Around 570 BCE, the Egyptian Pharaoh King Apries had a problem: Invaders had slaughtered some of his soldiers and people's morale was low. So Apries sent his best general, Amasis, to quell the troops' discontent. Instead, the troops rallied around Amasis and declared him their personal king. When King Apries sent a messenger to accost Amasis, Amasis let out a fart and effectively said, "You can send that message back to the king!" Hearing this, King Apries unwisely decided to punish his messenger. That decision made King Apries even more unpopular and gave the gassy Amasis a chance to stage a revolt and successfully oust his old boss.

3. Cargo plane makes emergency stop because of reported goat gas

In 2015, a Singapore Airlines cargo flight was forced to make an emergency stop in Bali after more than 2000 goats reportedly filled the cargo hold with too many toots, setting off the fire alarm. "The smoke indication was identified to be the result of exhaust gases and manure produced by the sheep," The Aviation Herald reported. Despite this initial report, Singapore Airlines refused to acknowledge that the cause of the stopover was fart-related.

4. Fart fuels mid-flight fight

On a 2018 flight from Dubai to Amsterdam, a Transavia Airlines plane had to make an unscheduled stop in Vienna after an elderly man refused to stop cutting the cheese—even after receiving instructions from the pilot to cease firing. The man's stinkers fueled so much consternation among the surrounding passengers that a fight broke out, prompting police to remove four people from the flight.

5. Canada's Parliament debates the appropriateness of saying "fart"

In November 2016, Canada’s parliament began to spontaneously debate whether it was appropriate for members to use the word fart on the chamber floor. The discussion rose after Conservative MP Michelle Rempel asked, “Why does the government treat Alberta like a fart in the room that nobody wants to talk about or acknowledge?” Eventually, the rules regarding “unparliamentary language” had to be read aloud and the offense was taken under advisement. (You can read a transcript of the exchange here.)

6. Secret Service takes the blame for Presidential retarade

The Secret Service will not only take a bullet for the president, they’ll also take the blame for the Commander-in-Chief’s errant cheek squeaks: Gerald Ford, the 38th President of the United States, would often fart and blame it on his Secret Service agents, loudly saying, "Jesus, was that you? Show some class." (This must have come as a shock to Lyndon B. Johnson, who once said, “Jerry Ford is so dumb he can’t fart and chew gum at the same time.")

Every New Movie, Series, Documentary, and Special That's Coming to Netflix in December

Alfonso Cuarón directs Roma (2018)
Alfonso Cuarón directs Roma (2018)
Carlos Somonte, Netflix

Netflix has made no secret of its desire to bring top-tier entertainment to streaming devices around the world. After successfully testing the waters with a range of critically acclaimed series, from Stranger Things to The Crown, the streaming giant is now making a major push into the feature film market—which we’ll see play out in December with the release of Alfonso Cuarón’s Roma and Susanne Bier’s Bird Box.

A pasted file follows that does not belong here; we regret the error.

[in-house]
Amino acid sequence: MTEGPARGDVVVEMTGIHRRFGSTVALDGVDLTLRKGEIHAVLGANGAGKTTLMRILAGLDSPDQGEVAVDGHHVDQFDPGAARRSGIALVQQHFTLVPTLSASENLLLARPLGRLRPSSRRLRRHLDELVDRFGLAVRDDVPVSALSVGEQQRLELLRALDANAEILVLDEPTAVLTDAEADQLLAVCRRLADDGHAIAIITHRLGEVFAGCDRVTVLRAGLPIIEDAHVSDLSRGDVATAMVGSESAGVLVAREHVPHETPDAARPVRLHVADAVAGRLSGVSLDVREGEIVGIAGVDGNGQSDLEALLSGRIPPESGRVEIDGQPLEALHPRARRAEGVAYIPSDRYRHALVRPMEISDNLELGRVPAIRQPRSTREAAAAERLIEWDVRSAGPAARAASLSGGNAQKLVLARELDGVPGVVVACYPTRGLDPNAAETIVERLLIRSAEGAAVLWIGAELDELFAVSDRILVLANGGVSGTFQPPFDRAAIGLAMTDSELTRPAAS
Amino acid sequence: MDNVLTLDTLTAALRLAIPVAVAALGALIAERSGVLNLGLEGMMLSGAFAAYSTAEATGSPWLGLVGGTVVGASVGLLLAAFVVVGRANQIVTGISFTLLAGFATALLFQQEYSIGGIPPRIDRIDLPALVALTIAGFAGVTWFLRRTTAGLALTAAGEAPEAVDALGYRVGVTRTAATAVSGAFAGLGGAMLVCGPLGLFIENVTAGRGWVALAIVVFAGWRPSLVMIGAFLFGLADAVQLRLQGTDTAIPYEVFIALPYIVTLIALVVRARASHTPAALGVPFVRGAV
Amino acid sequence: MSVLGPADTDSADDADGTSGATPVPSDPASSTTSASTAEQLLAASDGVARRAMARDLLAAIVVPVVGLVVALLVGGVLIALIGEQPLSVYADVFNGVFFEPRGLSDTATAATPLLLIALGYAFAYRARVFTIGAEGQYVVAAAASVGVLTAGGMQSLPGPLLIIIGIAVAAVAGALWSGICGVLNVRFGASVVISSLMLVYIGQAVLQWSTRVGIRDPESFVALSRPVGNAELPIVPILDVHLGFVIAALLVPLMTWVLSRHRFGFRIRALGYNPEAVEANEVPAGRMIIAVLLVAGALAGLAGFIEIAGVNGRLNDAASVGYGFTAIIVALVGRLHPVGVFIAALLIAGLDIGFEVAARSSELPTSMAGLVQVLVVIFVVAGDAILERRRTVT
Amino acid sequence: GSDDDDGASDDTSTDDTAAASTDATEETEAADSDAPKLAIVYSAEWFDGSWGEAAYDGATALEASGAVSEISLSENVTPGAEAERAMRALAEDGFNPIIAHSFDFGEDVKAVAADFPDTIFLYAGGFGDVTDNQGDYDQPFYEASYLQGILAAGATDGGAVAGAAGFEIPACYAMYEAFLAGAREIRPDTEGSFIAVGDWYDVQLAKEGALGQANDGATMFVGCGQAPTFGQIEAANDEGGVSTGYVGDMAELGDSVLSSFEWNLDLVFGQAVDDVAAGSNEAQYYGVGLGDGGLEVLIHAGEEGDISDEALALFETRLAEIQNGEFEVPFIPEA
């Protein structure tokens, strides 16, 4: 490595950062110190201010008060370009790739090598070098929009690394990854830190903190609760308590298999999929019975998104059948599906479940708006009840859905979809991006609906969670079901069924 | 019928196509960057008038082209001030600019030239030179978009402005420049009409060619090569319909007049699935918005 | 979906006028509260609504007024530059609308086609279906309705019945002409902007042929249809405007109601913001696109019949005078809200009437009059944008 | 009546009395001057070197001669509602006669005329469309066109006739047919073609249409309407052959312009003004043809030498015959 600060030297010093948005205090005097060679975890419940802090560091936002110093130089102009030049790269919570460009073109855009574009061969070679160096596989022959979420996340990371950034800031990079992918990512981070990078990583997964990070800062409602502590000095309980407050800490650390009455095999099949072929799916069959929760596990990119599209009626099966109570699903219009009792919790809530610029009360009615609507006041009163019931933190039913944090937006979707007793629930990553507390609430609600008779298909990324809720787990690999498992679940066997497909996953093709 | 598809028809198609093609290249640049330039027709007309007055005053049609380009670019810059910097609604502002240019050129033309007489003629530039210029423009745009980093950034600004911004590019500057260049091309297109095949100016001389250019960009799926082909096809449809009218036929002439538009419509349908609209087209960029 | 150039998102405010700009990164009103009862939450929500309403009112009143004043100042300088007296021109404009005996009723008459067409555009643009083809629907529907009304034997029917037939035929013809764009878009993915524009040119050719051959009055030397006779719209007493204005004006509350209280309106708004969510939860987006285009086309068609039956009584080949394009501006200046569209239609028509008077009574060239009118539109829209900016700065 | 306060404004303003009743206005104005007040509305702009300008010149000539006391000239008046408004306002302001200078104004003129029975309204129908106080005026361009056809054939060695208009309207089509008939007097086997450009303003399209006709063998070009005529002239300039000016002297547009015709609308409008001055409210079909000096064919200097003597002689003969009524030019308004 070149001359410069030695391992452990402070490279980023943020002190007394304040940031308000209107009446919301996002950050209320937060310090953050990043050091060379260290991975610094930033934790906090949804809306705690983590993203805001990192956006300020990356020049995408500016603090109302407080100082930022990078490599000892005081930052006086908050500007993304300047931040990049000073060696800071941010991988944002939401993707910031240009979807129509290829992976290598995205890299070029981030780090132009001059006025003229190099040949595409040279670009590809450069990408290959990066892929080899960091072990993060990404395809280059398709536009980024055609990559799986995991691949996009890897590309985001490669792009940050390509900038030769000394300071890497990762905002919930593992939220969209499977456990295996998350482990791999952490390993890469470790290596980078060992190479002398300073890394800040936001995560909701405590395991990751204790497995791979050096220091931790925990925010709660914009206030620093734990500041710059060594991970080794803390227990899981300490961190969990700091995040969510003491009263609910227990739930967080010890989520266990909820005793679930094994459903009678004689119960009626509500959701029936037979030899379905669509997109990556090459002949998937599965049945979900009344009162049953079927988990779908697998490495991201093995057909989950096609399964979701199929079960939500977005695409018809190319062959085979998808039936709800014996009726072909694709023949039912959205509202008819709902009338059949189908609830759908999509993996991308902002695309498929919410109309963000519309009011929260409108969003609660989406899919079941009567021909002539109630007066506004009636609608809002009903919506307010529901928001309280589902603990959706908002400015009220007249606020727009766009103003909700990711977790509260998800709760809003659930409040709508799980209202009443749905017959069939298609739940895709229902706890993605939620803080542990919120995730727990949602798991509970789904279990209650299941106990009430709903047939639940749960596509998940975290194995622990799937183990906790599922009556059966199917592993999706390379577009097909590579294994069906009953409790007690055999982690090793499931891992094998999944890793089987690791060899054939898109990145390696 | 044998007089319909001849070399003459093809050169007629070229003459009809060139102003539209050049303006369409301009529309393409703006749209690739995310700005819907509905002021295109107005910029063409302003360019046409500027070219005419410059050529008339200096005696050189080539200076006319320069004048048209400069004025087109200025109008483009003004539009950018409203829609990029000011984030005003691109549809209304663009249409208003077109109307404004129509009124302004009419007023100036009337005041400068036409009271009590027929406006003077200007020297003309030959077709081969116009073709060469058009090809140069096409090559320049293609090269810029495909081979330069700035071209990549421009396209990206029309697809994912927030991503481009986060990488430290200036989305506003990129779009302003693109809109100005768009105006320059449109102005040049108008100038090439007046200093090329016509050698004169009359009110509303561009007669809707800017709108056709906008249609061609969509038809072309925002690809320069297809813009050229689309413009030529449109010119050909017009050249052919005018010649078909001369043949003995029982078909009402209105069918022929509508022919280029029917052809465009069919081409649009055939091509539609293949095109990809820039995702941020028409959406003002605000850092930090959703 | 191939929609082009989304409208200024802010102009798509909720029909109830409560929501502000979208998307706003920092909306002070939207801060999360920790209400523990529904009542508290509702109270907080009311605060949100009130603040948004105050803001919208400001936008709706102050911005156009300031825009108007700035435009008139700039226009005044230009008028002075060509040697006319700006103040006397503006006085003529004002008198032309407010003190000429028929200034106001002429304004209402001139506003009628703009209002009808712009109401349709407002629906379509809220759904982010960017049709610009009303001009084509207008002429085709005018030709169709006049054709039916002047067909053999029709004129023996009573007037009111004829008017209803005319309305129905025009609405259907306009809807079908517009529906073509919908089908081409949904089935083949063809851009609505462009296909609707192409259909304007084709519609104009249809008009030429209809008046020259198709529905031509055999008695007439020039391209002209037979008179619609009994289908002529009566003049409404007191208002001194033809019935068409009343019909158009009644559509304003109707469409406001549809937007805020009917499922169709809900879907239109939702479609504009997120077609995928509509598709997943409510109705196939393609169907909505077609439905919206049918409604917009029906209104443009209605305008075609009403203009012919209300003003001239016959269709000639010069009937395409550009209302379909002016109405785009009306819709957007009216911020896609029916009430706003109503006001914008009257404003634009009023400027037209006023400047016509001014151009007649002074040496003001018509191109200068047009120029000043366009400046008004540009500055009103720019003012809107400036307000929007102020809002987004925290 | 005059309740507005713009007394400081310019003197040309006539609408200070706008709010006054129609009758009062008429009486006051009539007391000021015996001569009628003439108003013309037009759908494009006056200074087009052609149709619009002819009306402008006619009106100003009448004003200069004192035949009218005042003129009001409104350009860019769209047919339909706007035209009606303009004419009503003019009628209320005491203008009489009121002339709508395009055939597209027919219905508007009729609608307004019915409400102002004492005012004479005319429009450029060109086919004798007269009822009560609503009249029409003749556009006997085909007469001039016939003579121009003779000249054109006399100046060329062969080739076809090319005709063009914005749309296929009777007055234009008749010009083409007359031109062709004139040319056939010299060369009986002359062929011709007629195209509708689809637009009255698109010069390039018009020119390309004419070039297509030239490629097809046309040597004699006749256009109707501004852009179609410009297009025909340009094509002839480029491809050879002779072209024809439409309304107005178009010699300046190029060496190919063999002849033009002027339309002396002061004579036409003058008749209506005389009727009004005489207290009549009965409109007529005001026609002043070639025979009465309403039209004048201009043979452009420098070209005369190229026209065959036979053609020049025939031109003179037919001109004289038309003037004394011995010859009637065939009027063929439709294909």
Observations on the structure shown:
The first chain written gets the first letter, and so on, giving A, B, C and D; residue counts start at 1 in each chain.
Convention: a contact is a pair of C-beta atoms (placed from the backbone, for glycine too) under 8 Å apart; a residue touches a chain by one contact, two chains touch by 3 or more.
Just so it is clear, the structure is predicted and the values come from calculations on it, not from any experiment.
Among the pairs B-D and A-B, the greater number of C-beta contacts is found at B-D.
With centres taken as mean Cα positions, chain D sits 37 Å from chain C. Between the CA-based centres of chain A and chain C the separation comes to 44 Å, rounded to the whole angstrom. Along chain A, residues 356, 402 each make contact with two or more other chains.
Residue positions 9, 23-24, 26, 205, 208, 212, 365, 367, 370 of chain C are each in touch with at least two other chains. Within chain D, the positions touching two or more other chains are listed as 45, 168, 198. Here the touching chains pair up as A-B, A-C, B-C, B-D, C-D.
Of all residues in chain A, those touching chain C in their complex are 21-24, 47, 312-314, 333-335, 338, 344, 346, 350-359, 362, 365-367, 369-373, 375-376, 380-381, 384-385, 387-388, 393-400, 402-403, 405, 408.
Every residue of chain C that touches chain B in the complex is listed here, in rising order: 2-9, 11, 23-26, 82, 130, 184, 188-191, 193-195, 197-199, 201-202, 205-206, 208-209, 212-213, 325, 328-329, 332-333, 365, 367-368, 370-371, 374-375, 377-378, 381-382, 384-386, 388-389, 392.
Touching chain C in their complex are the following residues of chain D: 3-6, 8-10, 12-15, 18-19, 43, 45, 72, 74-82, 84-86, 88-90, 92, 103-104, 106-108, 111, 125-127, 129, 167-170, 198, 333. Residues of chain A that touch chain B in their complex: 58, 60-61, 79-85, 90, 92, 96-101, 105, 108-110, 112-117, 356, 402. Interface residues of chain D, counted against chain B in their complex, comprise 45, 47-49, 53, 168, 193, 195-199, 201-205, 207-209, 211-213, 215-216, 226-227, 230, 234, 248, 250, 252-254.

Much has already been made about how these films, along with the Coen Brothers’ recently-recently The Ballad of Buster Scruggs, are disrupting the line between streaming and cinemas. How will it all play out come Oscar time? We’ll just have to wait to see.

In the meantime, here’s every new movie, television series, documentary, and comedy special making its way to Netflix in December.

DECEMBER 1

8 Mile
Astro Boy
Battle
Bride of Chucky
Christine
Cloudy with a Chance of Meatballs
Crossroads: One Two Jaga
Friday
Friday After Next
Hellboy
Man vs Wild with Sunny Leone: Season 1
Meet Joe Black
Memories of the Alhambra
My Bloody Valentine
Next Friday
Reindeer Games
Seven Pounds
Shaun of the Dead
Terminator Salvation
The Big Lebowski
The Last Dragon
The Man Who Knew Too Little

DECEMBER 2

The Lobster

DECEMBER 3

Blue Planet II: Season 1
Hero Mask
The Sound of Your Heart: Reboot Season 2

DECEMBER 4

District 9

DECEMBER 6

Happy!: Season 1

DECEMBER 7

5 Star Christmas
Bad Blood
Dogs of Berlin
Dumplin'
Free Rein: The Twelve Neighs of Christmas
Mowgli: Legend of the Jungle
Nailed It! Holiday!
Pine Gap
ReMastered: Who Killed Jam Master Jay?
Super Monsters and the Wish Star
The American Meme
The Hook Up Plan (Plan Coeur)
The Ranch: Part 6

DECEMBER 9

Sin senos sí hay paraíso: Season 3

DECEMBER 10

Michael Jackson's This Is It

DECEMBER 11

Vir Das: Losing It

DECEMBER 12

Back Street Girls: Gokudols
Out of Many, One

DECEMBER 13

Wanted: Season 3

DECEMBER 14

Chilling Adventures of Sabrina: "A Midwinter's Tale"
Cuckoo: Season 4
Dance & Sing with True: Songs
Fuller House: Season 4
Inside the Real Narcos: Series 1
Inside the World’s Toughest Prisons: Season 3
Prince of Peoria: A Christmas Moose Miracle
Roma
Sunderland Til I Die
The Fix
The Innocent Man
The Protector
Tidelands
Travelers: Season 3
Voltron: Legendary Defender: Season 8

DECEMBER 16

Baby Mama
Kill the Messenger
One Day
Springsteen on Broadway
The Theory of Everything

DECEMBER 18

Baki
Ellen DeGeneres: Relatable
Terrace House: Opening New Doors: Part 5

DECEMBER 21

3Below: Tales of Arcadia
7 Days Out
Back With the Ex
Bad Seeds
Bird Box
Wolf (Boru)
Derry Girls
Diablero
Greenleaf: Season 3
Last Hope: Part 2
Perfume
Sirius the Jaeger
Struggle: The Life and Lost Art of Szukalski
Tales by Light: Season 3
The Casketeers

DECEMBER 24

Hi Score Girl
The Magicians: Season 3

DECEMBER 25

Watership Down: Limited Series
Anthony Bourdain: Parts Unknown: Season 11
Marvel Studios' Avengers: Infinity War

DECEMBER 26

Alexa & Katie: Season 2
You

DECEMBER 28

Instant Hotel
La noche de 12 anos
Selection Day
When Angels Sleep
Yummy Mummies

DECEMBER 30

The Autopsy of Jane Doe

DECEMBER 31

The Bill Murray Stories: Life Lessons Learned From a Mythical Man